A very promising title header – if you hate to read a “why” and “what happened” section, just skip to the middle of the article. Barbaric, though, from an ethical standpoint – like skipping over the innocent introduction in an erotic motion picture, you miss what makes the payoff actual satisfaction!
Stumble – Mumble – Fumble (with)
A few months ago, I was getting hooked on Android, and looked for cool apps for my new HTC Evo Design smartphone. By the way, if you don’t have a smartphone, get one – you will not believe how you could live without one.
Anyway, so by accident I stumbled across this App called “DSLR Controller” which promised the ability to control a Canon DSLR with an Android device. I was stoked, mumbled something like “this is it!”, bought and downloaded it – cost $8 for the DSLR Controller application by chainfire -, and tried it out. I needed to buy a USB OTG (USB On-The-Go) cable, a USB Host cable that you plug into the data/power port of your android device and it converts into a female USB plug. So, bought that on Amazon; the USB OTG cable costs $3. Quick research showed that there isn’t really an easy solution for the iPad, which made it even more exciting.
(If that makes you sad, there is a workaround for the iPad/iPhone that involves a computer)
I connected my HTC Evo phone and had to realize that it would not work – HTC Smartphone don’t support the USB Host Feature. Still, my conviction was strong, so I thought “how can I test this out with the least investment?” – the answer came after days of research about Android tablets, and I went for a dirt-cheap $100 Idolian IdolPad Plus. I unboxed it like a boss, plugged in the cable and installed the app – et voila, it works. I fumbled around with it, discovered its functions – I was blown away. So blown away that I lost the freaking Idolpad on a documentary film project in Canada, somewhere between the chainsaws and felled trees of the loggers we were documenting in “The Lives and Livelihood of Loggers“. Back via Chicago to LA, after days of research in Chicago and my girlfriend complaining about my poor attention to the outside world while researching costs, I bought the Google Nexus 7 for $250. This seemed to have been the right decision, as it was the most future-ready pad in the price range I could find. (you can also buy the $200 version, which is cheaper but has only 8GB of space).
What DSLR Controller Does
You know Canon’s EOS Utility? It’s that, but on a tablet. A genious developer and hacker reverse-engineered the USB port of the Canon DSLRs, and built an Android application that does exactly the same, with additional functionality. Basically, you can do:
- LiveView of the Camera in your Tablet/Smartphone’s resolution: On my Nexus7, that’s 1280×800, about as much as 720p – a MASSIVE difference to the SD onboard monitors out there, or the microscoping display on the back of my camera.
- Recording/Stop button and photo trigger, so you can record and stop on the tablet, and let your hands completely off the camera.
- Aperture, Shutter Speed, ISO, Color Temperature and Picture Style – just as you would do it on the camera.
- FPS and Resolution adjustments – the app recognizes each model’s capability, and will give you all options of resolution, compression (5D MkIII) and framerate.
- 2:35/16:9/Grid overlay: Super practical, it adds a bright white line, and then a dark, transparent letterboxing. Phenomenal, no more taping over the display.
- Peaking/Contrast/Exposure Display: You can show peaking in 4 different colors (red, green, yellow and white), you can show contrast (like an “Edge” Filter in Photoshop), and you can show Exposure (white/black/%grey areas)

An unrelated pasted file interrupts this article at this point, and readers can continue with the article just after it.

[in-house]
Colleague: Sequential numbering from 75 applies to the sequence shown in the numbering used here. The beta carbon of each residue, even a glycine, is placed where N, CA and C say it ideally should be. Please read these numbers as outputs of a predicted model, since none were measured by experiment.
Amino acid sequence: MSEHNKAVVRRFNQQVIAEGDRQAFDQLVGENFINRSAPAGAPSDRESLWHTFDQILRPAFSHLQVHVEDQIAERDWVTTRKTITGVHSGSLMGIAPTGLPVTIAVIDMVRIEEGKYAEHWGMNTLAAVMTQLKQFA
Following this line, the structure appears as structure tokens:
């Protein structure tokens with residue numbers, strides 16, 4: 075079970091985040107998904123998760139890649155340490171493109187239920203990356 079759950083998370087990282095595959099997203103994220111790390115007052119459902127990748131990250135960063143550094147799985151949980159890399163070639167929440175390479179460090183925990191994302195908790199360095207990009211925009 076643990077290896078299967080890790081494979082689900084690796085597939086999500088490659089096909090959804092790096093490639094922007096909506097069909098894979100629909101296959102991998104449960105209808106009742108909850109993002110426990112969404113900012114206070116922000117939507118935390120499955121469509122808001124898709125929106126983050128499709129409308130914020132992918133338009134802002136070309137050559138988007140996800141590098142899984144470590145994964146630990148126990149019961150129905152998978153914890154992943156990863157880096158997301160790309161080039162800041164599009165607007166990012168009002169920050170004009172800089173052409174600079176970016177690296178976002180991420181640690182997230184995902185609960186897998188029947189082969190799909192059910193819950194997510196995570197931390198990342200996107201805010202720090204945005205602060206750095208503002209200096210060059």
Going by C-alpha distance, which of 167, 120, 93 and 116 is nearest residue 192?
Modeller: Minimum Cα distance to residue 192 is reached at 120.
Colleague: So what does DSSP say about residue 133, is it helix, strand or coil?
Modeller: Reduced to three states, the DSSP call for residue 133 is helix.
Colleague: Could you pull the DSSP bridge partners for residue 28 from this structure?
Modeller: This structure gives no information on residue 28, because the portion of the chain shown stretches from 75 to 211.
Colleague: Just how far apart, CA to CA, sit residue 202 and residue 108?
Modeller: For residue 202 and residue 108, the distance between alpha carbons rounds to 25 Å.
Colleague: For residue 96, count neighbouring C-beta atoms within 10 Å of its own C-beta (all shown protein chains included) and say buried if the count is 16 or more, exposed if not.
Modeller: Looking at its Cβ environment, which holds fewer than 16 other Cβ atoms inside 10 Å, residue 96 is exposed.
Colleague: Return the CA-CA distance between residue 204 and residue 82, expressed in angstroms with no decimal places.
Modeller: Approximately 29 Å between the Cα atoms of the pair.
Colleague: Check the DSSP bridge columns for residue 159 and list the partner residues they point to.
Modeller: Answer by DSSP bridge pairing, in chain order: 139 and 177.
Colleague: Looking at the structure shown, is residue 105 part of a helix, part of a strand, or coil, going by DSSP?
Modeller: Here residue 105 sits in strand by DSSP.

- Live Histogram: You can display a luminance as well as an RGB histogram during recording.
- WiFi Passthrough Mode: I haven’t been able to make this work, but you can send the entire display and control wirelessly to other Android devices via WiFi.
Now, where is the catch? There’s a slight delay in the display (very little, but noticable), and the tablet can’t do everything, like playback or formatting cards – but apart from that, no real catch. Why do so few people know about the app? Because it’s used by a lot of geeks/developers, and doesn’t really have a track record of real life application. I did extensive betatesting with plugging and unplugging the tablet, and seeing jhow the application reacted – once I got a hang for it, I felt ready to test it in field. So, I brought it on board of two real life projects – a commercial and a music video.
The possibly Best Way to rig a tablet to a Camera, BlackMagic style.
- Cut 2 strips of velcro (one rough, one hairy side) with about 25 inches in length each.
- Insert both strips horizontally in the casing that the nexus 7 comes with – one at the top, one at the bottom. The Velcro is hereby pushed between the backside of the tablet and the inside of the casing. Through the extremely tight space in there, the strips are being held tightly, while no sewing or other modifications to the casing have to be done.
- Put the tablet flat against the back of the camera, with the display facing you.
- Criss-cross the velcro straps on the fron of the camera, leading them around the lens
Real Life Applications – A Commercial shot on the 5D MkII with shoulder rig, and a music video shot on the 5DMkIII with Steadicam
Now it was 2AM, I was tired as hell, but knew we had at least 5000W of lighting power on set; a great chance for glare on the hard glass of the tablet. So, I found a piece of kindergarten foam sheet ($1-2) – which I bought a while back for exactly that purpose. I cut it to length, made four sections (wrapping it around the tablet to get measurements) reinforced the edges and corners with Gaff tape, and used thin, small strips of Velcro (one side glue, one side rough or soft) on the tablet’s casing and the foam sheet. Now I could wrap the sheet around the tablet case, the velcro would hold it in place, and I had a great sunshade. Not just that – if I pressed my face hard enough into the foam sheet rectangle, it would mold to my face’s shape and I had a way to eliminate any outside light – i.e. for pulling focus by visual judgement on a really bright day where every pixel recognized counts.
Now it was 2:30AM, I went to bed and got back up at 5:15AM to rush to set.
The Commercial – 5D MkII & Shoulder Rig